This concise introduction to modern climatology covers the key topics for intermediate undergraduate students on one-semester courses. The treatment of topics is non-mathematical wherever possible, instead focusing on physical processes to allow students to grasp concepts more easily. Full-color illustrations support the text and supplementary topics are covered in boxes, enabling students to further increase their knowledge and awareness. A historical perspective of climatology is woven throughout, providing students with an insight into key scientists and technological developments. Each chapter concludes with a summary of the main points and a mixture of review and discussion questions, encouraging students to check their understanding and think critically. A list of key web links to data and other resources, and solutions and hints to answers to the student questions (password-protected for instructors), are provided online to complete the teaching package.
2. Elements of climate: a global view of energy and moisture
3. Elements of climate: a global view of pressure, winds and storms
4. Local and microclimates
5. The general circulation
6. Circulation modes
7. Synoptic climatology
8. Land and sea effects
9. Climate types on land
10. Past climates
11. Future climate
12. Applied climatology
Appendix: list of units
Roger G. Barry worked for two years in the British Meteorological Office before attending Liverpool University where he received a BA Honours in Geography. He received an MSc in Climatology from McGill University, Montreal, and a PhD from the University of Southampton in 1965. In October 1968 he moved to the University of Colorado, Boulder to become Associate Professor of Geography, Professor (1971–2004), and Distinguished Professor (2004-10). In 1977 he became the Director of the World Data Center for Glaciology, which in 1980 merged into the National Snow and Ice Data Center (NSIDC). Roger's teaching and research has spanned climate change, Arctic and mountain climates, synoptic climatology, and snow and ice processes. Roger has published twenty textbooks, including: Atmosphere, Weather and Climate (with R. J. Chorley); Mountain Weather and Climate; Synoptic and Dynamic Climatology (with A.M. Carleton); The Arctic Climate System (with M. C. Serreze); The Global Cryosphere: Past, Present and Future (with T. Y. Gan). He has also published more than 250 research articles, and supervised 65 graduate students. Roger has been a Guggenheim Fellow, a Fulbright Teaching Fellow at Moscow State University, and a visiting professor in Australia, France, Germany, Japan, New Zealand, Switzerland and the United Kingdom. His honours include: Fellow, American Geophysical Union; Foreign Member's Medal, Royal Geographical Society; Humboldt Prize Fellow. He is currently Director of the International CLIVAR Project Office at the National Oceanography Centre, Southampton, UK.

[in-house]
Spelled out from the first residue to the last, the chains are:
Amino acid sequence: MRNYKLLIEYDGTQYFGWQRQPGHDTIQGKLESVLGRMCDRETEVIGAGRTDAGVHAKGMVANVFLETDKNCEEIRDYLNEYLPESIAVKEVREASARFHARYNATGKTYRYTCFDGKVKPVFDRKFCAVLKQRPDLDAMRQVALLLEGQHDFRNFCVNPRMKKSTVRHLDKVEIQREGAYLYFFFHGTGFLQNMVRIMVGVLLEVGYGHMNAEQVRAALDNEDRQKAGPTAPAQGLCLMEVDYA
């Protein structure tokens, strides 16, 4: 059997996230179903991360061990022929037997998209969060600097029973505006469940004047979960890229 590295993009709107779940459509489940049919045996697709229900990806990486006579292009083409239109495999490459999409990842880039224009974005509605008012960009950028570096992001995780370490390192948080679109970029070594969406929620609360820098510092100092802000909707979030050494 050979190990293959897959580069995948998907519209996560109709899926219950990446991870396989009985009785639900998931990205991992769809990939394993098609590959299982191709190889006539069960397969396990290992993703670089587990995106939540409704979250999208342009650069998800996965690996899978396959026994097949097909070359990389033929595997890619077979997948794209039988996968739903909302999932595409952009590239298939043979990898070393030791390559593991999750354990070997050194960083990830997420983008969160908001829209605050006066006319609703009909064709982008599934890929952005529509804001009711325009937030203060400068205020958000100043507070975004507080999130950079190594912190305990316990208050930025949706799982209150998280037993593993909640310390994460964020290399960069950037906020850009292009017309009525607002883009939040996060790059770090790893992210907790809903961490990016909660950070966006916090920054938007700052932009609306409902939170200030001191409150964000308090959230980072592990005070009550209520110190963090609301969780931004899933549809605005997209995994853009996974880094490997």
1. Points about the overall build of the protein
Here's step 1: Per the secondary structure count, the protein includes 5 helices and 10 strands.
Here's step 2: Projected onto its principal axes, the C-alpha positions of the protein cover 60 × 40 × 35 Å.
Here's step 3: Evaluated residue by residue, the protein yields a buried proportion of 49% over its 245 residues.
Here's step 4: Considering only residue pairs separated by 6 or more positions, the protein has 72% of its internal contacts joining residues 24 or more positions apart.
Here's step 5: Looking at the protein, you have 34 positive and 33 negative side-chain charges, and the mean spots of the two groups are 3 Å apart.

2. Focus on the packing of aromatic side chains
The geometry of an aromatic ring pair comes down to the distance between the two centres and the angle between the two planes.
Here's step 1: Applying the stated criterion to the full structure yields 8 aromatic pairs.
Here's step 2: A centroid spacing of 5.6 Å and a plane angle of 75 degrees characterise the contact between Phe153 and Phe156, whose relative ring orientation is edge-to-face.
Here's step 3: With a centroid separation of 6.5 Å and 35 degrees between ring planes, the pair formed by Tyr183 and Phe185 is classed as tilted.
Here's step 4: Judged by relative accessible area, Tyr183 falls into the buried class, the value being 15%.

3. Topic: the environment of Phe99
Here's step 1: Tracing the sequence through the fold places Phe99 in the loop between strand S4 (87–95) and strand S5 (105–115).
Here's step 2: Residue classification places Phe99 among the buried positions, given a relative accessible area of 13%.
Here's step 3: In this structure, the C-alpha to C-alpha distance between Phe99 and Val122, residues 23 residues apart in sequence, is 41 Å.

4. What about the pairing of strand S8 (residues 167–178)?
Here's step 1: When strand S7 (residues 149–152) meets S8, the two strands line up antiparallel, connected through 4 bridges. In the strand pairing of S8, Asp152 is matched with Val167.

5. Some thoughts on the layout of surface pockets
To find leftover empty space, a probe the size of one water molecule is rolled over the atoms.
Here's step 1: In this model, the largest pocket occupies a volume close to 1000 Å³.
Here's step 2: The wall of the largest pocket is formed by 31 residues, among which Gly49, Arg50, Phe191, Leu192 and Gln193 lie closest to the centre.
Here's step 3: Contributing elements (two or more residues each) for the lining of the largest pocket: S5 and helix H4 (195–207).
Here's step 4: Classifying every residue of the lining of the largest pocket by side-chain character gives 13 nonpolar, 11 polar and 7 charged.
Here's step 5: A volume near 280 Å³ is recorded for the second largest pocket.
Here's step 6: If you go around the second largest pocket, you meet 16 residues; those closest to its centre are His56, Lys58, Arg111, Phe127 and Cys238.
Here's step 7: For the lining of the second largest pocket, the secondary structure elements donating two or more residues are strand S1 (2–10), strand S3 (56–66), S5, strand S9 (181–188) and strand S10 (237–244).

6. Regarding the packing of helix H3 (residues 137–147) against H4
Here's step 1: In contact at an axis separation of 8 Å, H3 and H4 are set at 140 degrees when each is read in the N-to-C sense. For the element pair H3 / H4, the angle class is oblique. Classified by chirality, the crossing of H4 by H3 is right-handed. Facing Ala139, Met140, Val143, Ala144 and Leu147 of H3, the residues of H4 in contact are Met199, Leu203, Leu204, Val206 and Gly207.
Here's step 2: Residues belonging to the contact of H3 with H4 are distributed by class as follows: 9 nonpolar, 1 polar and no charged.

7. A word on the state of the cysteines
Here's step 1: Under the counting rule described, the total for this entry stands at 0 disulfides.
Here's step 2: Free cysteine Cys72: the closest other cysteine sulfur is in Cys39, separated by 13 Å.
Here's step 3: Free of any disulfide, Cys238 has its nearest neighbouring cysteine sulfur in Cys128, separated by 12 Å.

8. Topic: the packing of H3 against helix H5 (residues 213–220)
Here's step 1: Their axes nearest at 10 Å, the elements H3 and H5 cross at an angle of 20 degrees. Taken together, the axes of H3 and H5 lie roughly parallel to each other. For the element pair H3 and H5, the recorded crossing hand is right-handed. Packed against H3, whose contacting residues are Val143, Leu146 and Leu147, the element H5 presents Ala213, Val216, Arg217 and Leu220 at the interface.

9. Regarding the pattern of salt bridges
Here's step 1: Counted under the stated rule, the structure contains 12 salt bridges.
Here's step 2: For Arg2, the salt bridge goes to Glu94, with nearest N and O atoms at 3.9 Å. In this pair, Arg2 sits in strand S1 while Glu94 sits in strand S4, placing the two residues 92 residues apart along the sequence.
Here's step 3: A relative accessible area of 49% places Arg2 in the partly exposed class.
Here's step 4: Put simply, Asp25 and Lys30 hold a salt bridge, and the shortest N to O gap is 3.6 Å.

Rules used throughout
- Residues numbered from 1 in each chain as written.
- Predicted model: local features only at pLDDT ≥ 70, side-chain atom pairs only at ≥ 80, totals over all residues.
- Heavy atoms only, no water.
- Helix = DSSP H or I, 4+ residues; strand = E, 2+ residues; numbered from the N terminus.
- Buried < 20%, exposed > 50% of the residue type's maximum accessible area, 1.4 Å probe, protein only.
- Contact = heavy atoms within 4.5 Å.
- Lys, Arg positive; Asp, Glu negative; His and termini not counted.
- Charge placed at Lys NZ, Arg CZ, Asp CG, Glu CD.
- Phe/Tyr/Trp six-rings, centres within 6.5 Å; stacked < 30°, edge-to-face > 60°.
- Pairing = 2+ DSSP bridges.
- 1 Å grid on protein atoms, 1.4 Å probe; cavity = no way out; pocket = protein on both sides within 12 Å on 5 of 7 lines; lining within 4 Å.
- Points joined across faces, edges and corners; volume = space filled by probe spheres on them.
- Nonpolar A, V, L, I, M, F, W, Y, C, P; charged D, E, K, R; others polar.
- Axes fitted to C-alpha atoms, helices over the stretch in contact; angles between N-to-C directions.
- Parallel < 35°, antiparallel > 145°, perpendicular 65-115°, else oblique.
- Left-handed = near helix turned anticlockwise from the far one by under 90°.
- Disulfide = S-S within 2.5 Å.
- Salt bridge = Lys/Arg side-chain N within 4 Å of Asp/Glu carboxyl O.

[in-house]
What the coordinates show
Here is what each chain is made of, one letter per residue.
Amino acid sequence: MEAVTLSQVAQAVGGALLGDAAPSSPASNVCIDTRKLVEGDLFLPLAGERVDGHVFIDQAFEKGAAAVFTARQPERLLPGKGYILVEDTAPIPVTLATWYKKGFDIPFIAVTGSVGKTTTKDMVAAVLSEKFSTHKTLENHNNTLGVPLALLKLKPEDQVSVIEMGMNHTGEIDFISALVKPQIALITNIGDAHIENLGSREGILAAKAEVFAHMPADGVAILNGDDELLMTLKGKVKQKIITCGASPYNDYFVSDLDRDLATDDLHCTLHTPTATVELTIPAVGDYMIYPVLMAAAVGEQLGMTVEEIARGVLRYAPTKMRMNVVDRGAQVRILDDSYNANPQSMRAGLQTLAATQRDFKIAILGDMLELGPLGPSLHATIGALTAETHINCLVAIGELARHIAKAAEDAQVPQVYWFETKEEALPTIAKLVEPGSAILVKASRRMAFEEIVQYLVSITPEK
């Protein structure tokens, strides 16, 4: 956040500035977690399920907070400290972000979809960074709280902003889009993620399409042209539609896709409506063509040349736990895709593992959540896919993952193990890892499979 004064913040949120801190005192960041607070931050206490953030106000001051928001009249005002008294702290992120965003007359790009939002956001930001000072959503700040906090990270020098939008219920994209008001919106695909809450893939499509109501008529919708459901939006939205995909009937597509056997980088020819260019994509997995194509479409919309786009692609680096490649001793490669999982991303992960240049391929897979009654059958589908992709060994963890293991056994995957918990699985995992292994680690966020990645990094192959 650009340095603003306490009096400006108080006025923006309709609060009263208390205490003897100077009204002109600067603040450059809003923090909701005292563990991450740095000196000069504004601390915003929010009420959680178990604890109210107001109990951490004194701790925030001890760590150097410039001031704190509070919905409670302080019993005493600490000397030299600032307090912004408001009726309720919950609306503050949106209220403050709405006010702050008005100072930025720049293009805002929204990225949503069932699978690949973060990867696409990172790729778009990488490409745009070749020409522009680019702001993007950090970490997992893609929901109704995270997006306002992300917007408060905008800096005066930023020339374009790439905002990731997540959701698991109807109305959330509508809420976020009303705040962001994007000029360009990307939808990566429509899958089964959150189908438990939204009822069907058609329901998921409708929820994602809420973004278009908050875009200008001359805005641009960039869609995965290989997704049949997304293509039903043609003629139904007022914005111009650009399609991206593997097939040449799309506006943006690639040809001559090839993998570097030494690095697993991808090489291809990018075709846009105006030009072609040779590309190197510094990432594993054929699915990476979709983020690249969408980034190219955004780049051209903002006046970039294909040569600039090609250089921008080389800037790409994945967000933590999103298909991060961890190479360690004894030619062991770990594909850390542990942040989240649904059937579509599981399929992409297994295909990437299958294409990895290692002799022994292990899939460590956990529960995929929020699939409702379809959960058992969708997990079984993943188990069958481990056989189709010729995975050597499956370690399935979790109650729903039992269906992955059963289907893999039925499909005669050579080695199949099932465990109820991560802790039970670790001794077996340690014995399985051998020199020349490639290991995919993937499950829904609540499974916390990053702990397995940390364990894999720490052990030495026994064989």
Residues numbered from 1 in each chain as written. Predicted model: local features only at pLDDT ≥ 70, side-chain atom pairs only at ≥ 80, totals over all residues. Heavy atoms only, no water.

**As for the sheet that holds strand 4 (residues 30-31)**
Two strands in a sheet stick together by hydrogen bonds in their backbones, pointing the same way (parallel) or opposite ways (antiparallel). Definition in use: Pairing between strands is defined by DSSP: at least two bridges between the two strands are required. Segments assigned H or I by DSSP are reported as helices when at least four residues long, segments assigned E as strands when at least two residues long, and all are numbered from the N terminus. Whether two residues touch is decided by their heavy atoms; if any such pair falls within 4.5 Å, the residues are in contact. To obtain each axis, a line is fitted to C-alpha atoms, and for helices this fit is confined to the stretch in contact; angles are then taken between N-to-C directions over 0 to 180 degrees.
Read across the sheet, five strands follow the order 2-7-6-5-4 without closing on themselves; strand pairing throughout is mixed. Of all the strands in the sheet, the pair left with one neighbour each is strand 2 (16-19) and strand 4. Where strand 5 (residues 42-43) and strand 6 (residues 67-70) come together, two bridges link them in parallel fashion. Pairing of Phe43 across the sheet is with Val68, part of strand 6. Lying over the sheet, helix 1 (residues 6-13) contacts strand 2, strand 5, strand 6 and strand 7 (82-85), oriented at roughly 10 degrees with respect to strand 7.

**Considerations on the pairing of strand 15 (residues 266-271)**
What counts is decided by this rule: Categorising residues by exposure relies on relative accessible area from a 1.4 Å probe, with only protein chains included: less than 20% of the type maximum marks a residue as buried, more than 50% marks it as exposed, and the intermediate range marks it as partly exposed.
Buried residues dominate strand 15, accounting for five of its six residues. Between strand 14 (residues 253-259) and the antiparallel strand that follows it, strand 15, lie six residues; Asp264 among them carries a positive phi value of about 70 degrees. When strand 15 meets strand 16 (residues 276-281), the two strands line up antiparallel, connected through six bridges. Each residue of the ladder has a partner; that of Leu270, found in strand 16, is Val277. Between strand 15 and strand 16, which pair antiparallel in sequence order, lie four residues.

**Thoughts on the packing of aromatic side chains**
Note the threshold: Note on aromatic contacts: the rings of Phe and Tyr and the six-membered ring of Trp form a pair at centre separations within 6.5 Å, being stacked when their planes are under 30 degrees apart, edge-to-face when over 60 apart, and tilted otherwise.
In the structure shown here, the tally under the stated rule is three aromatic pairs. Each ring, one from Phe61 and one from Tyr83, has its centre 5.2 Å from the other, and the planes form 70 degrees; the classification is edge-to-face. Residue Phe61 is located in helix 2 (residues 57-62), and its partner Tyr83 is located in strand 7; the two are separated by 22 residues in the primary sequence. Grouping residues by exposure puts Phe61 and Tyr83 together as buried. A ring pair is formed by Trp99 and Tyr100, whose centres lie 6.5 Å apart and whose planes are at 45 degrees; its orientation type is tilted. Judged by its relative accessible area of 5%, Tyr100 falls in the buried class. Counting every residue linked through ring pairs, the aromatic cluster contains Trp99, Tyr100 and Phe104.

Eileen Hall-McKim is a PhD Climatologist receiving her degree from the University of Colorado, Boulder. Her interdisciplinary degrees include work in the geological sciences, hydrology, oceanography, paleoclimatology and water resource research. She completed her MSc at the National Snow and Ice Data Center, Boulder and worked as editor and writer for the Intermountain West Climate Summary of the NOAA/Western Water Assessment. Her honors include: elected member Phi Beta Kappa National Honor Society; Outstanding Women in Geosciences Student Award from the American Association of Women in Geosciences; Graduate Research Fellowship Award from the Cooperative Institute for Research in Environmental Sciences (CIRES); Magna Cum Laude National Honor Society, University of Colorado. She is currently pursuing professional certification in sustainable practices from the University of Colorado law school and environmental science department.